Williams spent the first nine years of his life with his family on an island about an hour from Sitka. It was there that he learned how to hunt and fish and forage.

“This boat actually gets used quite a bit for quite a few different things,” Williams explained. “Seaweed is starting to sprout on the rocks here, so we’ll be heading out to harvest seaweed soon, too.”

Gulls are often a sign of herring spawn, but Leonty Williams says there are even less gulls. (Emily Russell/KCAW)

Wiliams also harvests sea otter, harbor seal, and sea lion from this boat. He’s got a business selling fur hats and slippers. But today, it’s all about herring eggs.

“We started getting a little hopeful once the herring did spawn over towards Middle Island,” William said. “Usually Middle Island hits then and maybe a week or a little sooner after they start moving towards Kasiana [Island], which is where we’re going to go check on them now.”

Once we’re beyond the breakwater, Williams speeds up and over the waves. It’s just a ten minute ride to where he’s set his branches. He swings the boat around into a little cove, where the water is calm.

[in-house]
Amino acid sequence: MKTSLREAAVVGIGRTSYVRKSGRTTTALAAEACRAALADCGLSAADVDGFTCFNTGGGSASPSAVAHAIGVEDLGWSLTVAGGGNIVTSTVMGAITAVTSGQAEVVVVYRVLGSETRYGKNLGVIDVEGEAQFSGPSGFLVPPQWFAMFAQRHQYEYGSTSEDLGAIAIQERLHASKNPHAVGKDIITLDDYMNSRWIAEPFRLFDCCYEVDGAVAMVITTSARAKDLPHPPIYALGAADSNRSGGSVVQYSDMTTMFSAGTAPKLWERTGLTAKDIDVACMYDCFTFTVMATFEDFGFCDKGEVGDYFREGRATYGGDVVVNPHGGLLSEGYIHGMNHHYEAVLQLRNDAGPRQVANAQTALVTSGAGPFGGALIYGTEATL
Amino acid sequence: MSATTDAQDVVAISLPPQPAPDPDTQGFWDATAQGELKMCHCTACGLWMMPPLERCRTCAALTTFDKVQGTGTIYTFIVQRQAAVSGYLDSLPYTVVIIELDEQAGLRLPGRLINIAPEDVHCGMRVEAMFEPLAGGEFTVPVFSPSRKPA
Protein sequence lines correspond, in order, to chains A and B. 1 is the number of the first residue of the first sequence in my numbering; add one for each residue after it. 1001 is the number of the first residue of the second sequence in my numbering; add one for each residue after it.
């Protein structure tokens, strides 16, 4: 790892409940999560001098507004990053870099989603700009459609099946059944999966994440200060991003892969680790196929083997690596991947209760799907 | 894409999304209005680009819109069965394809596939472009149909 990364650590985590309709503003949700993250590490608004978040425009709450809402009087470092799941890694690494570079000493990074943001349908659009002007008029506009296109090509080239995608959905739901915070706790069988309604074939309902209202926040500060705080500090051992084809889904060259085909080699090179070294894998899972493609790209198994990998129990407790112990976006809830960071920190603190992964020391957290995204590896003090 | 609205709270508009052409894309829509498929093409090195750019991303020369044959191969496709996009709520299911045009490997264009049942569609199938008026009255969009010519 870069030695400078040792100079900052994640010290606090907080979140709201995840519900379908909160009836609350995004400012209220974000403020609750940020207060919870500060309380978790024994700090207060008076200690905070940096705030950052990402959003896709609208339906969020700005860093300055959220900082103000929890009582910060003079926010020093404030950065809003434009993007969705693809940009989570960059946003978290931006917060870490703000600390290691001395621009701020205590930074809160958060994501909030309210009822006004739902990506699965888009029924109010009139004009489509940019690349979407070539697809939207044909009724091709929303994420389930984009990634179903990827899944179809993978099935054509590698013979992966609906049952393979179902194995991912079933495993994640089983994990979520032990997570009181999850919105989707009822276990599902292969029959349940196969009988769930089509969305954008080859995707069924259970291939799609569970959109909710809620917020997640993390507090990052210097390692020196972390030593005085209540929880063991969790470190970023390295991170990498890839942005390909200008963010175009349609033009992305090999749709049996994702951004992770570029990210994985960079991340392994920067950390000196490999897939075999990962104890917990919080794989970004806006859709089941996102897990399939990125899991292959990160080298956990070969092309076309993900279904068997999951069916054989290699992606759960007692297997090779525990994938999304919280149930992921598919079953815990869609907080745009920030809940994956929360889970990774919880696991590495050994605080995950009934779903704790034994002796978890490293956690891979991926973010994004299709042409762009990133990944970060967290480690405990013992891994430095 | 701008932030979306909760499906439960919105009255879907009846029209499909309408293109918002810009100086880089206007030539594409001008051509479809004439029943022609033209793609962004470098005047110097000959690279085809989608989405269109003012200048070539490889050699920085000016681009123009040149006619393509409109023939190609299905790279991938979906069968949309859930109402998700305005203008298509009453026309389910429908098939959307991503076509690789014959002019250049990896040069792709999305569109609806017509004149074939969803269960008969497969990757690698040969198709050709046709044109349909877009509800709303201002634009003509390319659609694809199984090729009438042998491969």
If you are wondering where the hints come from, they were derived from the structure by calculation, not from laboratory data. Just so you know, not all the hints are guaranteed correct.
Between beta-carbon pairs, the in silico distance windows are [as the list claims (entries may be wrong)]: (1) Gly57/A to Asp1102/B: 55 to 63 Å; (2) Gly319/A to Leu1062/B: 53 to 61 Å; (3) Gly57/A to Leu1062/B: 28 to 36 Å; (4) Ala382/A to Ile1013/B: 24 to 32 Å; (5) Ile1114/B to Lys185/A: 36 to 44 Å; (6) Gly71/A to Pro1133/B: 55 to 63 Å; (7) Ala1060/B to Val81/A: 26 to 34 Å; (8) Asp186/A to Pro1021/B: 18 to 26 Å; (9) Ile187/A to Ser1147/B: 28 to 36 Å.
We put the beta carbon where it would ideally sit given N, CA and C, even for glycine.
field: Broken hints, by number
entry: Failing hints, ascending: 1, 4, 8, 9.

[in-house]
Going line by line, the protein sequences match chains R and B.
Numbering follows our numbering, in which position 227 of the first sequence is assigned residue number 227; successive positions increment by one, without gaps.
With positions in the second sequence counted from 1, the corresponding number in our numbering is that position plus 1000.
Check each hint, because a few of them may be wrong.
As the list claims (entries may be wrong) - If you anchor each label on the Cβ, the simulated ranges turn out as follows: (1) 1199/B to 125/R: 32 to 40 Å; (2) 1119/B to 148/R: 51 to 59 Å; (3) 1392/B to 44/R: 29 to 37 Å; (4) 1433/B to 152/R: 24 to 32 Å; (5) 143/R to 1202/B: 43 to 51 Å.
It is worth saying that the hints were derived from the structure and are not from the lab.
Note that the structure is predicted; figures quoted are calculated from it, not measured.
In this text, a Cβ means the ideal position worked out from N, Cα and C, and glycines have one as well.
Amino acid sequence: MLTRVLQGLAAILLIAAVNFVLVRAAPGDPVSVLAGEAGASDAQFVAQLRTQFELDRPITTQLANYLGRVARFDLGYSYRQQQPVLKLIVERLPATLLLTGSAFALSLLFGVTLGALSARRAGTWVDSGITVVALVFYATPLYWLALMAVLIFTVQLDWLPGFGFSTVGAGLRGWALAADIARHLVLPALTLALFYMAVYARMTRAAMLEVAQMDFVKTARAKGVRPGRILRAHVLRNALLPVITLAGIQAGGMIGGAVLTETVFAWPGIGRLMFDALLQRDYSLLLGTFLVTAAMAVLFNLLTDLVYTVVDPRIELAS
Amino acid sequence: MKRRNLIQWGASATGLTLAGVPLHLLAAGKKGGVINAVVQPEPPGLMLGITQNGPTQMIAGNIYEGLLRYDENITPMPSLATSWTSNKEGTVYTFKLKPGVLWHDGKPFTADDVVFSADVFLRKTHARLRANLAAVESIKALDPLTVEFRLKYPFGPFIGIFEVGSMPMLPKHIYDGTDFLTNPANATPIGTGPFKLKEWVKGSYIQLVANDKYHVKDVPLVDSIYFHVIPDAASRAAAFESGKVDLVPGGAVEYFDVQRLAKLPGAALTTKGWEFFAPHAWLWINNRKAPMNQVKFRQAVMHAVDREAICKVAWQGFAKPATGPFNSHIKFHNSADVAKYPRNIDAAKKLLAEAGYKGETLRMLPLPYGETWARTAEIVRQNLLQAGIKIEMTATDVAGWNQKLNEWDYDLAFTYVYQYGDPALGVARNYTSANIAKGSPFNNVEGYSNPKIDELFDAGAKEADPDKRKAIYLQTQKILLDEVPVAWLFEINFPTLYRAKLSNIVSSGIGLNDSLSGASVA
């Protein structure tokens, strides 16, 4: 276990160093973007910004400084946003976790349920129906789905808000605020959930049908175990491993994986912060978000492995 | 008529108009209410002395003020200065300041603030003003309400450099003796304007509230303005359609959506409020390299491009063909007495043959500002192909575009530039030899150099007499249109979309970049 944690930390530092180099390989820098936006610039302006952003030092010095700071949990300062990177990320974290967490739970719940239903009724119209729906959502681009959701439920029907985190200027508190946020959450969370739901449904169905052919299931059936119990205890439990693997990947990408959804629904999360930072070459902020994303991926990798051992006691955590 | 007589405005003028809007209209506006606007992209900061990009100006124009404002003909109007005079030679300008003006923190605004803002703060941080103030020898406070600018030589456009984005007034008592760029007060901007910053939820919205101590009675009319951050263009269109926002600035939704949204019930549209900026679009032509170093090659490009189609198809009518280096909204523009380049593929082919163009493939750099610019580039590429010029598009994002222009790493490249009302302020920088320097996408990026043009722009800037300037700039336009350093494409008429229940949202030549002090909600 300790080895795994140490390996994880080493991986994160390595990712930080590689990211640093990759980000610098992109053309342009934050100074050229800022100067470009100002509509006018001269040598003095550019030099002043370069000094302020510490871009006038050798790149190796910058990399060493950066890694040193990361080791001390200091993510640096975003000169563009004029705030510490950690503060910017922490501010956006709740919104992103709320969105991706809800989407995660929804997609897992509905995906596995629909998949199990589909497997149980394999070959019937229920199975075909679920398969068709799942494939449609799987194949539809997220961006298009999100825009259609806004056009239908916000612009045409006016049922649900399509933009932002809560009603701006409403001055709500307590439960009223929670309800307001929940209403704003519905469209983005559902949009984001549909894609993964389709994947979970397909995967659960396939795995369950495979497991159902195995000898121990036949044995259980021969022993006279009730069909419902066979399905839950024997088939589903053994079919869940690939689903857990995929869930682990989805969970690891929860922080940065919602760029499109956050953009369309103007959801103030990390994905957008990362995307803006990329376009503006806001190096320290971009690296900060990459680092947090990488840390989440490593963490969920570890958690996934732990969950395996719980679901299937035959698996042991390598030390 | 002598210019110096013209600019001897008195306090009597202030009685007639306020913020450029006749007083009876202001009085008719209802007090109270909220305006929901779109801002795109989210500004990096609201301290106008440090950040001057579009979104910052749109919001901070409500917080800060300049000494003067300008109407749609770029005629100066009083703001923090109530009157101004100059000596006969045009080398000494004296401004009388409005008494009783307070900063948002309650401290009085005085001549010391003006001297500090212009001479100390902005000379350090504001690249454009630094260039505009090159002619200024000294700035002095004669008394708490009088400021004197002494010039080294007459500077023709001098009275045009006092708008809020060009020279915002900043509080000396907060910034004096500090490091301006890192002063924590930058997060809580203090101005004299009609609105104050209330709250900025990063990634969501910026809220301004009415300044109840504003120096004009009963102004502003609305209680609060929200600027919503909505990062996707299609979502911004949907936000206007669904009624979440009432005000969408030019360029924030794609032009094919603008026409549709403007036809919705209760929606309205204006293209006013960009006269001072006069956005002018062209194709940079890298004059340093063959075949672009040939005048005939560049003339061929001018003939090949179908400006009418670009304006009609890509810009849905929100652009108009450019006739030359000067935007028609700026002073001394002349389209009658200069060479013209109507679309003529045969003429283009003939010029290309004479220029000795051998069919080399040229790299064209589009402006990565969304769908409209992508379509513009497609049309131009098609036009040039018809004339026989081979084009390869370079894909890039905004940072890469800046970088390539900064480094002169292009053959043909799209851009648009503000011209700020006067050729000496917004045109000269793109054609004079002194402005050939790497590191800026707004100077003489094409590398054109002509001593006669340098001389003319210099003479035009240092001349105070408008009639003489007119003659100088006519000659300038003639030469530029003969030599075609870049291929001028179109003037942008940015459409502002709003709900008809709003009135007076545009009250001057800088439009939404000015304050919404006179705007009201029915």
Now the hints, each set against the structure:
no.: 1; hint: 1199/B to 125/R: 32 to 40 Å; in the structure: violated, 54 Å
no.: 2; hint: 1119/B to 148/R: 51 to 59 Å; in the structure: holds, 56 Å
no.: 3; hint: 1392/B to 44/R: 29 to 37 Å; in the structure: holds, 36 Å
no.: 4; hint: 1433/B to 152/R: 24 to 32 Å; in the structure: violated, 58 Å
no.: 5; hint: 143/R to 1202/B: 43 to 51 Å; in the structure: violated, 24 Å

“Yeah, you’ve got all these islands around this area to protect from the waters,” Williams said.

The water is dark green, almost black. It’s speckled with your typical bright colored buoys, but others are makeshift, from clear plastic water bottles or old plastic oil jugs.

There are probably 25 to 30 sets of hemlock branches suspended below the surface from these buoys.

“We’ve got four branches set out here,” Williams said. “I think we’re just going to try to cruise on up and check out this orange buoy.”

Williams slows the boat to a crawl. He slides open the cabin door and swings around to the front.

“This is a little bit more difficult today. I usually have one or two other people with me,” Williams explained.

He grabs onto the orange buoy and pulls it out of the water, peering down to just below the surface.

“About what I expected,” Williams said.

The branches are bare. No signs of spawn. It’s what a lot of people have been expecting this year. Elders like Harvey Kitka say the water was so thick with herring it would sound like a hail storm.